To freeze dandelion greens, blanch and submerge in ice water to stop cooking. Drain the water and store in freezer containers. These frozen greens will lose much of their crispness so are best added to soups and cooked dishes once thawed.

To dehydrate dandelion greens, rinse leaves and pat dry. Use either a dehydrator or oven to crisp up and store in an airtight container once fully dry. For more tips and outlines, check out the resources below!



By Ashley Adamant

Thank you for visiting Practical Self Reliance!  I’m so glad you stopped by, and I hope I can help you on your journey toward self-reliant living.  Come by anytime for practical advice, encouragement and a lot of how-to.

Our ducks free ranging around the garlic bed in spring.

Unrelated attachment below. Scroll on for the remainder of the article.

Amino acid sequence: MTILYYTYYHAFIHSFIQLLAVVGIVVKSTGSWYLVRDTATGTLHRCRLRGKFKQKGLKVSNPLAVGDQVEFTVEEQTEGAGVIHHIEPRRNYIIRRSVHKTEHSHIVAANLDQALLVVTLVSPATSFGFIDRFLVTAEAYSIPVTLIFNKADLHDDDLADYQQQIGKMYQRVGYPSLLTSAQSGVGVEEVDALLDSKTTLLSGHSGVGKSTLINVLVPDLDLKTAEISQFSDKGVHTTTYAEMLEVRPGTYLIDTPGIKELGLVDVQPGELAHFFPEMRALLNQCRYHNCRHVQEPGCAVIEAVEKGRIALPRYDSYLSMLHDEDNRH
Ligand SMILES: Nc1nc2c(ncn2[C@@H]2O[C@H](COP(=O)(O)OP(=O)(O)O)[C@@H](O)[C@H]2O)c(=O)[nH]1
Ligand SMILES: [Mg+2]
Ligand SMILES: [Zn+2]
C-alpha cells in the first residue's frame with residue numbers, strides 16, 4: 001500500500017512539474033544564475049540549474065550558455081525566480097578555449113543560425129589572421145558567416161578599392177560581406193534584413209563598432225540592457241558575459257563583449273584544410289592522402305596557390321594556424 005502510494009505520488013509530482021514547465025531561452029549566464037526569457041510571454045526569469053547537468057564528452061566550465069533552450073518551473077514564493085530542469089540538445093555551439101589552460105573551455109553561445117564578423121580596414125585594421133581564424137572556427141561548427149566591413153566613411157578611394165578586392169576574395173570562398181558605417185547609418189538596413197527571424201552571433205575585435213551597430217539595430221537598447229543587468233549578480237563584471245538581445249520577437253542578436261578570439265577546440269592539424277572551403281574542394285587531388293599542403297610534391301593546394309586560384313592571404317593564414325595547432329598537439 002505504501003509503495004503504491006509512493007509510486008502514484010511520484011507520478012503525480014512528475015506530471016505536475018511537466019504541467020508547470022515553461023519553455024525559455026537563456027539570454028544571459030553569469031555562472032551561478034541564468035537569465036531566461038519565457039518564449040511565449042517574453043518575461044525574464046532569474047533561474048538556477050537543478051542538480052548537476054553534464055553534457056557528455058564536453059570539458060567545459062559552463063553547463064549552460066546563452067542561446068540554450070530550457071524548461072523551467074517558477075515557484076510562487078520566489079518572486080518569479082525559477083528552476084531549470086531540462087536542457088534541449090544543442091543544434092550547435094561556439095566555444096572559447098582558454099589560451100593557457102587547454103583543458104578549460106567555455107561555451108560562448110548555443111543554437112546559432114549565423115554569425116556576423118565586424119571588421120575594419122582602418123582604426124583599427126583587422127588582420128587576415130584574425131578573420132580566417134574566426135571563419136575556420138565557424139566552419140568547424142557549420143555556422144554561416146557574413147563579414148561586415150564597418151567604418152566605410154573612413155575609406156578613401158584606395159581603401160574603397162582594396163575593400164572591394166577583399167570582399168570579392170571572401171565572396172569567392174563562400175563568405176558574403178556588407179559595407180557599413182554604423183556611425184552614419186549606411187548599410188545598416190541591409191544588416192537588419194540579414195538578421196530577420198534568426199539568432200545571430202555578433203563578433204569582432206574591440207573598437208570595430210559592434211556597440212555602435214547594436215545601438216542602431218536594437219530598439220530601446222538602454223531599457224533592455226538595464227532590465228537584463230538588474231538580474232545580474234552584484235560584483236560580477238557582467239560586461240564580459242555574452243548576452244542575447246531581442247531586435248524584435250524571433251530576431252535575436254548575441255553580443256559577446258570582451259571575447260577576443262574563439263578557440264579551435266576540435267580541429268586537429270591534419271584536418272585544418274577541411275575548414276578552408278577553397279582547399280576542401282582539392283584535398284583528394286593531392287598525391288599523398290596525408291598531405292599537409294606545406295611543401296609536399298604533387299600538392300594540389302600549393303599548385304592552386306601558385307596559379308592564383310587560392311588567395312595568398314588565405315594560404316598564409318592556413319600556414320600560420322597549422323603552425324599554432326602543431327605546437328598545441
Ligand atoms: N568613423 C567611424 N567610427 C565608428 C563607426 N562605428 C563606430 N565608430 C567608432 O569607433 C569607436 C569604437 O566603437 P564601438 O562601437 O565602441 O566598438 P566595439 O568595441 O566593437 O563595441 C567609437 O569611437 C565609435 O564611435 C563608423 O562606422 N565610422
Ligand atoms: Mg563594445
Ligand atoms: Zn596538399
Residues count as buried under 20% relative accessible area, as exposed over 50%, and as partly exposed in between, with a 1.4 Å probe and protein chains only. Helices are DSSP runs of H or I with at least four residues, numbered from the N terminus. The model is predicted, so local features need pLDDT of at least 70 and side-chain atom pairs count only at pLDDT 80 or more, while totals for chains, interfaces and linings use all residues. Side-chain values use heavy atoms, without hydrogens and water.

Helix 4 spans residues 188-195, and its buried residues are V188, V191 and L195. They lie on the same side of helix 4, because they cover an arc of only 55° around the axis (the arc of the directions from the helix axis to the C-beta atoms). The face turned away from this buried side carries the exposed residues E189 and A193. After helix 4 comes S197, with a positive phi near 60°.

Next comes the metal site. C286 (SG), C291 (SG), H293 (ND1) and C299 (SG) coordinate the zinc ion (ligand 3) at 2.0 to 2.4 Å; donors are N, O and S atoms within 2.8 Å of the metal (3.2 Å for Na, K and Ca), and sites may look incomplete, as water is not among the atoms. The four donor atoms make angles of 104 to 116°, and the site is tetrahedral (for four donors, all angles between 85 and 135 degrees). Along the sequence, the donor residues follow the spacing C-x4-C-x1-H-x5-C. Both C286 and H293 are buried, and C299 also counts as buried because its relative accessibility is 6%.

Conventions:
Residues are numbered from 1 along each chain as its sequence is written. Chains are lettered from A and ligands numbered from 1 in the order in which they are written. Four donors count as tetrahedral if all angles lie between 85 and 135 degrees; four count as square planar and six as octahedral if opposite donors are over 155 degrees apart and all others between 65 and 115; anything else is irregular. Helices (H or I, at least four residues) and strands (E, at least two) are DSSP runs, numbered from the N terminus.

I’m Ashley…a homesteader, homeschooler, home-fermenter and home-body.  I love taking in a good book almost as much as I love lumberjacking, foraging and salt curing a ham.  When I’m not tending the littles you’ll most likely find me in the woods trying to identify some form of plant or fungal life.

Wild foraged alpine strawberries found in Vermont.

My goal is to help motivate and inspire you to take steps toward self-reliance today.  It doesn’t matter whether you’re living in a small apartment in the city, or out on the land in rural America.  Baby steps or big leaps, it’s your choice.

 

I live on 30 acres in rural Vermont along with my husband and two young children.  Over the years we’ve raised just about everything including goats, pigs, chickens, geese, ducks, rabbits and bees.  These days our efforts concentrate on perennial agriculture, foraging and mushrooms.

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(Source: practicalselfreliance.com; March 3, 2024; https://tinyurl.com/3rc6wcf4)